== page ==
Monday, February 13, 2012

Ties that bind

Alexandra Popoff, Sophia Tolstoy:
The Tolstoyan agricultural colonies were notorious for various incidents, which led to their breakup. Such colonies had sprung up in the 1880s, but none lasted longer than a year: people who fled convention were a disagreeable lot. Their attempts to live and work together were doomed -- quarrels were common, and since they rejected the law, there was no way of solving their disputes. They believed in the superiority of their moral principles but could not survive as a community. Commenting on what he perceived as a failure of their movement, Aylmer Maude would remark: "Again and again attempts have been made to cure social ills by persuading people to stand aside from the main stream of human life, and to save their souls by following an isolated course; but all paths of social improvement except the common highway trodden by the common man have proved to be blind alleys." Like Maude, Sophia [Tolstoy] met many idle and inefficient "wanderers" among the Tolstoyans. She was appalled by the scandals in the Tolstoy Colonies, which were widely known. In 1891, Nikolai Karonin, a populist writer, published "The Borskaya Colony," a story about intellectuals who founded a commune with the idea of helping peasants. Instead, they brought ruin: a peasant girl was raped and later committed suicide. The fact-based account appeared in the journal Russian Thought and produced a sensation, hurtful to Tolstoy's cause.
One needn't accept every assumption here to see that there is something to holding oneself in opposition to the "main stream of human life" which does not lend itself to anything better, and frequently contributes to some things that are worse.

I often give the example of abuses I have witnessed between people with the finest political pedigrees -- far worse in the damage they do than anything I have experienced coming from a boss.

Friday, February 10, 2012

The noise made by people

Anton Chekhov, Peasants:
During the summer and winter months there were hours and days when these people appeared to live worse than cattle, and life with them was really terrible. They were coarse, dishonest, filthy, drunk, always quarreling and arguing amongst themselves, with no respect for one another and living in mutual fear and suspicion. Who maintains the pubs and makes the peasant drunk? The peasant. Who embezzles the village, school and parish funds and spends it all on drink? The peasant. Who robs his neighbor, sets fire to his house and perjures himself in court for a bottle of vodka? Who is the first to revile the peasant at district council and similar meetings? The peasant. Yes, it was terrible living with these people; nevertheless they were still human beings, suffering and weeping like other people and there was nothing in their lives which did not provide some excuse: killing work which made bodies ache all over at night, harsh winters, poor harvests, overcrowding, without any help and nowhere to find it. The richer and stronger cannot help, since they themselves are coarse, dishonest and drunk, using the same foul language. The most insignificant little clerk or official treats peasants like tramps, even talking down to elders and churchwardens, as though this is their right. And after all, could one expect help or a good example from the mercenary, greedy, dissolute, lazy people who come to the village now and then just to insult, fleece and intimidate the peasants?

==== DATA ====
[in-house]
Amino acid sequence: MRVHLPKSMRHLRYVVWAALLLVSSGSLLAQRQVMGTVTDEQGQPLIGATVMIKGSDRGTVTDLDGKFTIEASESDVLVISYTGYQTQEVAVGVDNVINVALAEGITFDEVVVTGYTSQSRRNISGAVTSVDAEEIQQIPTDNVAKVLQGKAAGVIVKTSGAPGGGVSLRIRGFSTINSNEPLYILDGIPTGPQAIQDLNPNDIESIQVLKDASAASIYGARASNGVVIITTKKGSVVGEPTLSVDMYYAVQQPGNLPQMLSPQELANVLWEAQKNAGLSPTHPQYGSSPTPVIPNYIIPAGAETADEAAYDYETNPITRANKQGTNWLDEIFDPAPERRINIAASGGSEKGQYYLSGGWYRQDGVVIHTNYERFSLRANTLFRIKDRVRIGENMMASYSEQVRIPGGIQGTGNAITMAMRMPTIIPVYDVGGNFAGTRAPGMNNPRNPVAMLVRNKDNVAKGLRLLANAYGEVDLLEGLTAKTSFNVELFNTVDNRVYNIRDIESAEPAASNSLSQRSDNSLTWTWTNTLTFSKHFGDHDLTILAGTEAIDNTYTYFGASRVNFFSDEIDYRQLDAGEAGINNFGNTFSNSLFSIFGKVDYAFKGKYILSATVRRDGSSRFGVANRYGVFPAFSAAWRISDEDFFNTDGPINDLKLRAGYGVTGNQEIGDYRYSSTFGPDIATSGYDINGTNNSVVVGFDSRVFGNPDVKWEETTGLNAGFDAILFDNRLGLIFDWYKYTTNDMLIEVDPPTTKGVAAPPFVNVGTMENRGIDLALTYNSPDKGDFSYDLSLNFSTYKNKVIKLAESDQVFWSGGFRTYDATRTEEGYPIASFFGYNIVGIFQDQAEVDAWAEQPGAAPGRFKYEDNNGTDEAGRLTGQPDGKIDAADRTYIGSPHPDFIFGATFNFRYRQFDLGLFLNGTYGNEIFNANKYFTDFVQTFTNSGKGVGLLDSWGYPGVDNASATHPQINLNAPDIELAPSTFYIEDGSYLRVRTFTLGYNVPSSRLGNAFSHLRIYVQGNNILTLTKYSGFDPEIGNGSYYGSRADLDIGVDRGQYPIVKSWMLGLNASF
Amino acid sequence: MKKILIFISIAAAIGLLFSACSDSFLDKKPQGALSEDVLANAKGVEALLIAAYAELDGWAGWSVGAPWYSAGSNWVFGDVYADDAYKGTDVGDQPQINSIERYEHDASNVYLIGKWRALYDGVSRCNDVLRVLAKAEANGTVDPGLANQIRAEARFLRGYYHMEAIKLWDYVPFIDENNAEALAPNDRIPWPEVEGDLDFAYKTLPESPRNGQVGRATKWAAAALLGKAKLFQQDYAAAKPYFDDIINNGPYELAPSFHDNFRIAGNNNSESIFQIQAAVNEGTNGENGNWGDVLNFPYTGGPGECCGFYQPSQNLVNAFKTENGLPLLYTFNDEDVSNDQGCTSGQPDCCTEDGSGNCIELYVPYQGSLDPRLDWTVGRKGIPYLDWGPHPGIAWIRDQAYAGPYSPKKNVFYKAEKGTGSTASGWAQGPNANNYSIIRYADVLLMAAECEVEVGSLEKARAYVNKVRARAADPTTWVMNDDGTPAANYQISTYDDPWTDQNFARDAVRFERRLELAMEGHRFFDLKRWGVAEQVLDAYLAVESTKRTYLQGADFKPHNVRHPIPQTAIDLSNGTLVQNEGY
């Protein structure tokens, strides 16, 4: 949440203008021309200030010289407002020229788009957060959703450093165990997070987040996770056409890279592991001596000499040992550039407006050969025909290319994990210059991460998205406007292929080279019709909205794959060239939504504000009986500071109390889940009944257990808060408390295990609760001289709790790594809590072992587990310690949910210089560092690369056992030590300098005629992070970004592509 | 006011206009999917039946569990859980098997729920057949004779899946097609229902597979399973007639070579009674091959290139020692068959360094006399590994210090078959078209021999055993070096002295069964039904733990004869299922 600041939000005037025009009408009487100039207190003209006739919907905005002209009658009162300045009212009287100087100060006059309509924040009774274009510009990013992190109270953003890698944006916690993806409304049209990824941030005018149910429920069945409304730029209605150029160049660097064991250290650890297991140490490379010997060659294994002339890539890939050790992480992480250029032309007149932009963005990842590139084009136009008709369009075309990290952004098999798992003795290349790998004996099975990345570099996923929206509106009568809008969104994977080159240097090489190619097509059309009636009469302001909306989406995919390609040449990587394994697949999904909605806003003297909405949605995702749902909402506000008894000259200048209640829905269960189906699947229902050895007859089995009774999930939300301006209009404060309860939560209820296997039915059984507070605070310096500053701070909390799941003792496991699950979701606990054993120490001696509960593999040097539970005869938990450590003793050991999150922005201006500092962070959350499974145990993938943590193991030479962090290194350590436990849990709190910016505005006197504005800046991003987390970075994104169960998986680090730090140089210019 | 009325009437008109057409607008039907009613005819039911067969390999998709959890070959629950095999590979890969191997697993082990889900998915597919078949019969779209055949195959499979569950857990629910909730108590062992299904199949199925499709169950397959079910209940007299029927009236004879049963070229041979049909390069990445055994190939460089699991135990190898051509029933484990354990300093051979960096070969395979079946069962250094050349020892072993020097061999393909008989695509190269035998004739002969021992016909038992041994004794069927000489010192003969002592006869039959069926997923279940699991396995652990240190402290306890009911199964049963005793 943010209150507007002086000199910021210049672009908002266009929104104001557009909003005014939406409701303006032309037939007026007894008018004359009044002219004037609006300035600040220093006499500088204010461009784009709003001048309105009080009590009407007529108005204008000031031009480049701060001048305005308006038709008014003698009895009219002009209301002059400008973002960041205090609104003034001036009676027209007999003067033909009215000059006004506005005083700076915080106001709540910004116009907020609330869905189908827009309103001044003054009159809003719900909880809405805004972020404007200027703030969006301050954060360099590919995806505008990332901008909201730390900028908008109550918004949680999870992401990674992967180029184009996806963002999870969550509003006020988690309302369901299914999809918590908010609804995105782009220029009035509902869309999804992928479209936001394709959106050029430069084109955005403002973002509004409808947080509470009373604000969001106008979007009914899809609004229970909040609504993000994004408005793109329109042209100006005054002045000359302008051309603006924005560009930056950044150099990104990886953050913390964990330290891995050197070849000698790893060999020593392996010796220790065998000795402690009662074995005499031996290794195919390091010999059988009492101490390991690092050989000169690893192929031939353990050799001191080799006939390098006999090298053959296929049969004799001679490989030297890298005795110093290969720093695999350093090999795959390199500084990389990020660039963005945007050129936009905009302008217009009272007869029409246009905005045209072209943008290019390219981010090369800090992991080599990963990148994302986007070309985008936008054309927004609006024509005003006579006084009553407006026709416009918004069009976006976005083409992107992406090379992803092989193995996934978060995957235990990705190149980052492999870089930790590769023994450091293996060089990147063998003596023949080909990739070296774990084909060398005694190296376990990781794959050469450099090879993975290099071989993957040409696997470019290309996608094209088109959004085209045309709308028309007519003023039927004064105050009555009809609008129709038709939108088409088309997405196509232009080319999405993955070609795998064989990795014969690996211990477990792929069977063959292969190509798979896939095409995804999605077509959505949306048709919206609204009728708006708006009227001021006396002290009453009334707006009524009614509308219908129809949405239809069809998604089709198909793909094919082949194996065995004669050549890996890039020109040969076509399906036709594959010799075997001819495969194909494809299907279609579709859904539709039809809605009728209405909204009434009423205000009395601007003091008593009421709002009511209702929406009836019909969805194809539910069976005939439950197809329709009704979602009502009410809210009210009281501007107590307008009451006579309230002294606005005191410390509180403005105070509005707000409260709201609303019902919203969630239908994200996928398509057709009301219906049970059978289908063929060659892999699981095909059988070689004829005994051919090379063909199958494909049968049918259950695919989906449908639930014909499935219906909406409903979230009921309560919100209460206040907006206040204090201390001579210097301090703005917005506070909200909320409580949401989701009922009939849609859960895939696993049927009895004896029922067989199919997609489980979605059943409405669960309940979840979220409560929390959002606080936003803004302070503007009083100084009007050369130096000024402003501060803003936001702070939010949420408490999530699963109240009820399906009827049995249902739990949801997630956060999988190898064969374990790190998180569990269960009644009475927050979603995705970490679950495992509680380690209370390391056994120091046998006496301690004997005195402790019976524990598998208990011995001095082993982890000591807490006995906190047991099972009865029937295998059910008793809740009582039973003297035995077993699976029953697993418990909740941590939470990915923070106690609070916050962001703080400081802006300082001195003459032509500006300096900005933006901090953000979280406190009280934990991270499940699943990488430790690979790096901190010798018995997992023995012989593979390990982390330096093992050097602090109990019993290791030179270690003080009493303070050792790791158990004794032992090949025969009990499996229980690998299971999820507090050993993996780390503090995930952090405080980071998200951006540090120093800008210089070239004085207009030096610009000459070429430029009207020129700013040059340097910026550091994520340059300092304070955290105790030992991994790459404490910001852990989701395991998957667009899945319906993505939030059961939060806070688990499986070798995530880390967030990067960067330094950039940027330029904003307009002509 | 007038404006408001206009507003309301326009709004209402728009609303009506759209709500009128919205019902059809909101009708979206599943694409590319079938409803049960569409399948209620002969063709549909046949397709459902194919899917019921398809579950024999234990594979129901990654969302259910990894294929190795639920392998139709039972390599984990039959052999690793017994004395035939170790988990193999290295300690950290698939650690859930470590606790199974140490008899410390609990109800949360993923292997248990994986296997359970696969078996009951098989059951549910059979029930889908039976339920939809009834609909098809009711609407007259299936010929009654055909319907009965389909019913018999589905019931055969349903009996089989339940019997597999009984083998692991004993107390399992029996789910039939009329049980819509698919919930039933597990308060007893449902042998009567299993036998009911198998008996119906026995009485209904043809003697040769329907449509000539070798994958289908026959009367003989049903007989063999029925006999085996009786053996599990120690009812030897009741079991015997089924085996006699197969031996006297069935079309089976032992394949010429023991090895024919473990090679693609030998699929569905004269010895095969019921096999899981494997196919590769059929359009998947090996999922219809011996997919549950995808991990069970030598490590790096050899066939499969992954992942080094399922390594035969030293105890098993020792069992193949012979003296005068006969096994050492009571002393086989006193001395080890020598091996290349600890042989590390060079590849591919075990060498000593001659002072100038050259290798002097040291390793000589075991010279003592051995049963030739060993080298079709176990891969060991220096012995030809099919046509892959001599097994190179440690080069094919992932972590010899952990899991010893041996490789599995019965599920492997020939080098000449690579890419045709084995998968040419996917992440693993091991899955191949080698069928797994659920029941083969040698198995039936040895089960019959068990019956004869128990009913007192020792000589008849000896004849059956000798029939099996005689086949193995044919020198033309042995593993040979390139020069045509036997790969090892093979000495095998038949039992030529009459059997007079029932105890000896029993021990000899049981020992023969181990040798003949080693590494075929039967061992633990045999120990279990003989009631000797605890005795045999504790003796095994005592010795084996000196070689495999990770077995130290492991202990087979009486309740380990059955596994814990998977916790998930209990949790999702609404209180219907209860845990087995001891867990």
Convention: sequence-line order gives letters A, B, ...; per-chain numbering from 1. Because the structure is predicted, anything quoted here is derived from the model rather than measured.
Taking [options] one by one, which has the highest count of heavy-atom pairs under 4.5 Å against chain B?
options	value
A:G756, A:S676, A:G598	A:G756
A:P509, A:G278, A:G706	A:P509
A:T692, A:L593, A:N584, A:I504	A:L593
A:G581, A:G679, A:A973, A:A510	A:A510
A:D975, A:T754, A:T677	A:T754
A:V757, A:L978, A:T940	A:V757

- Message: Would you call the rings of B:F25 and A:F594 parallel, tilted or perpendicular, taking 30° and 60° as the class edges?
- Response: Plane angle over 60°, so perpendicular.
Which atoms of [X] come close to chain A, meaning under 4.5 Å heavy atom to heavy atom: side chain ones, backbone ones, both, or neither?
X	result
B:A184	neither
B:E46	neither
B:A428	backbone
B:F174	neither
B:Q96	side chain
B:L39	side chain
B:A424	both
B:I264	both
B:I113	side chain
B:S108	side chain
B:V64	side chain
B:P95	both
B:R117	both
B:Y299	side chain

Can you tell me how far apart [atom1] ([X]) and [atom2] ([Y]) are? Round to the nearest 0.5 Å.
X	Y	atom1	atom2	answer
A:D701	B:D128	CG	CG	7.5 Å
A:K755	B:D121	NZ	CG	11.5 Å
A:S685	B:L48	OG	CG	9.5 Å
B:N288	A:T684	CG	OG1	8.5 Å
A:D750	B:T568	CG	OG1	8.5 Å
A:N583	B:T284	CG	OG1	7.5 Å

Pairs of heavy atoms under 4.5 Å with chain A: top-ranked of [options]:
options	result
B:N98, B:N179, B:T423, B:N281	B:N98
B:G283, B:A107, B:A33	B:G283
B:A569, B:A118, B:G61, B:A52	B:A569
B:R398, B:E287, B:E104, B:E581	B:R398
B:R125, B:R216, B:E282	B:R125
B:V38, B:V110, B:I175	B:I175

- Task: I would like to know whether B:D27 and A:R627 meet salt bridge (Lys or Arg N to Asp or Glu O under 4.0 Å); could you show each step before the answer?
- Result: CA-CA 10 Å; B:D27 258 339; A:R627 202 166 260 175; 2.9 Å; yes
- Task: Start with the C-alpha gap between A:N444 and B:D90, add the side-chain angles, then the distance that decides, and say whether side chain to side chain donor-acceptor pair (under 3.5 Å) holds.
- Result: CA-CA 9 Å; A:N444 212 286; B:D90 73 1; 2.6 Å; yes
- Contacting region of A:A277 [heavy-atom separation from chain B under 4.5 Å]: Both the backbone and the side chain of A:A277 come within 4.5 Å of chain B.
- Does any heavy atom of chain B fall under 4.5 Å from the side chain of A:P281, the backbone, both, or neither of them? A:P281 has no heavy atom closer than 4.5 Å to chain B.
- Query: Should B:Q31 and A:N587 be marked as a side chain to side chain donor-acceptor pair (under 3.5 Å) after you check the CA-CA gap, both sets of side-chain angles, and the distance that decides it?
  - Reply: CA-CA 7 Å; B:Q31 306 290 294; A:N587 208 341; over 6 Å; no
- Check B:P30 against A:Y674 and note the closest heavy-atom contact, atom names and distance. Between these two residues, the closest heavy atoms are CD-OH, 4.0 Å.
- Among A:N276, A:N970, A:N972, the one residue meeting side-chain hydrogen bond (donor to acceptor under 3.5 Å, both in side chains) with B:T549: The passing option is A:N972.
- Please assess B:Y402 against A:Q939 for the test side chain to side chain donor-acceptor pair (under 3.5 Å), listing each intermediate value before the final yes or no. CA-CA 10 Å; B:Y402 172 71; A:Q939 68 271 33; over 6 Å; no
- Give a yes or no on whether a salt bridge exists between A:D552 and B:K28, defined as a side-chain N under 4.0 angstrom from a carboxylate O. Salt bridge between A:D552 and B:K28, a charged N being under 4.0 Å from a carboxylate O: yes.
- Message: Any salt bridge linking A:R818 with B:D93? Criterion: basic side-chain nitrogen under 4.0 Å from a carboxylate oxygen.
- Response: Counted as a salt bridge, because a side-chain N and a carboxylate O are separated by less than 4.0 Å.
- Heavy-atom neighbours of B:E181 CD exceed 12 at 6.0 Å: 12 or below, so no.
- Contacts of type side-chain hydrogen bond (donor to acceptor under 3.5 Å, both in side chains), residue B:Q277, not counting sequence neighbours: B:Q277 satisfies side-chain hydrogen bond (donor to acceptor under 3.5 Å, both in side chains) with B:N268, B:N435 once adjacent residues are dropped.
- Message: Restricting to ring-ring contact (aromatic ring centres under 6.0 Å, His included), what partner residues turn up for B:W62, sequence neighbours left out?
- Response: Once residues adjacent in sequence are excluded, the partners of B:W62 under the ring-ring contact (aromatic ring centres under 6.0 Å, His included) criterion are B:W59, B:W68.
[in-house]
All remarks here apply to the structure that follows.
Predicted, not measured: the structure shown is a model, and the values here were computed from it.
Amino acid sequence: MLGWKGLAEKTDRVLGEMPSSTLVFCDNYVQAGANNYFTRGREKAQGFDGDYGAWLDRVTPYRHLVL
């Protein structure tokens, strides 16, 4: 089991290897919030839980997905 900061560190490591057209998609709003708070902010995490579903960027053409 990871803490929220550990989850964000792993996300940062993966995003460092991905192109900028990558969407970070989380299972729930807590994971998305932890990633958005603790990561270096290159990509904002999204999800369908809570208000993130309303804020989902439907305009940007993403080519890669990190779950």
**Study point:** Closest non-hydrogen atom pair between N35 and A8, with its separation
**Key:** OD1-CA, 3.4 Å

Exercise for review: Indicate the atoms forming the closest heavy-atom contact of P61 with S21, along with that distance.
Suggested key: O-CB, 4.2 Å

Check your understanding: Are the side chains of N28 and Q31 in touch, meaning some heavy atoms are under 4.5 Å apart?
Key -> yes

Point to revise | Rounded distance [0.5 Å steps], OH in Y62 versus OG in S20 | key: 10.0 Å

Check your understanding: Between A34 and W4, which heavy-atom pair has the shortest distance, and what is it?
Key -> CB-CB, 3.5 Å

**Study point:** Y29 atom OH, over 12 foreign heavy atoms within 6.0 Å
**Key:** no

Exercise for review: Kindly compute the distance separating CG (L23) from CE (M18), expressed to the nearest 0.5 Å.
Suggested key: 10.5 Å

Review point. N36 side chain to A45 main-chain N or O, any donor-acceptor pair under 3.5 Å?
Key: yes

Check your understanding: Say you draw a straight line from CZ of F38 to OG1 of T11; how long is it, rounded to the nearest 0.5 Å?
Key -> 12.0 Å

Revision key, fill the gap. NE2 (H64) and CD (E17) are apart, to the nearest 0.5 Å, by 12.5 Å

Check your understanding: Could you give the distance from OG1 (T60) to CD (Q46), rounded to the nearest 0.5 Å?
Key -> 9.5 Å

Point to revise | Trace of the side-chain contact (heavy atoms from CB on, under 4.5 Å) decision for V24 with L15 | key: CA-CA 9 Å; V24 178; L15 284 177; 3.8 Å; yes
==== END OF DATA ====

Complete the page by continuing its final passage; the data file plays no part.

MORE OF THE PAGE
While greater in absolute terms, the treachery of having someone direct your productive activity through the course of a day's employment nevertheless becomes routine. Hey, something is expected of you, something is expected of them; this is how we all get through the day. It's a betrayal, but nothing personal. This is the good business model; it preempts disruption very well, in my view.

But the betrayals that come from others subordinated by the same set of circumstances; really, these are a marvel to behold! Perhaps the bosses, by virtue of their position, enjoy the luxury; or else they observe the advantage which derives from not making things too personal. Only the idiots risk their salaries for their subordinates. But what the contemporary serf wouldn't do to brandish his rank to the rank-and-file. Yes, it is terrible working with these people; nevertheless you know what they contend with on a daily basis, and there is little in their lives which does not provide some excuse ...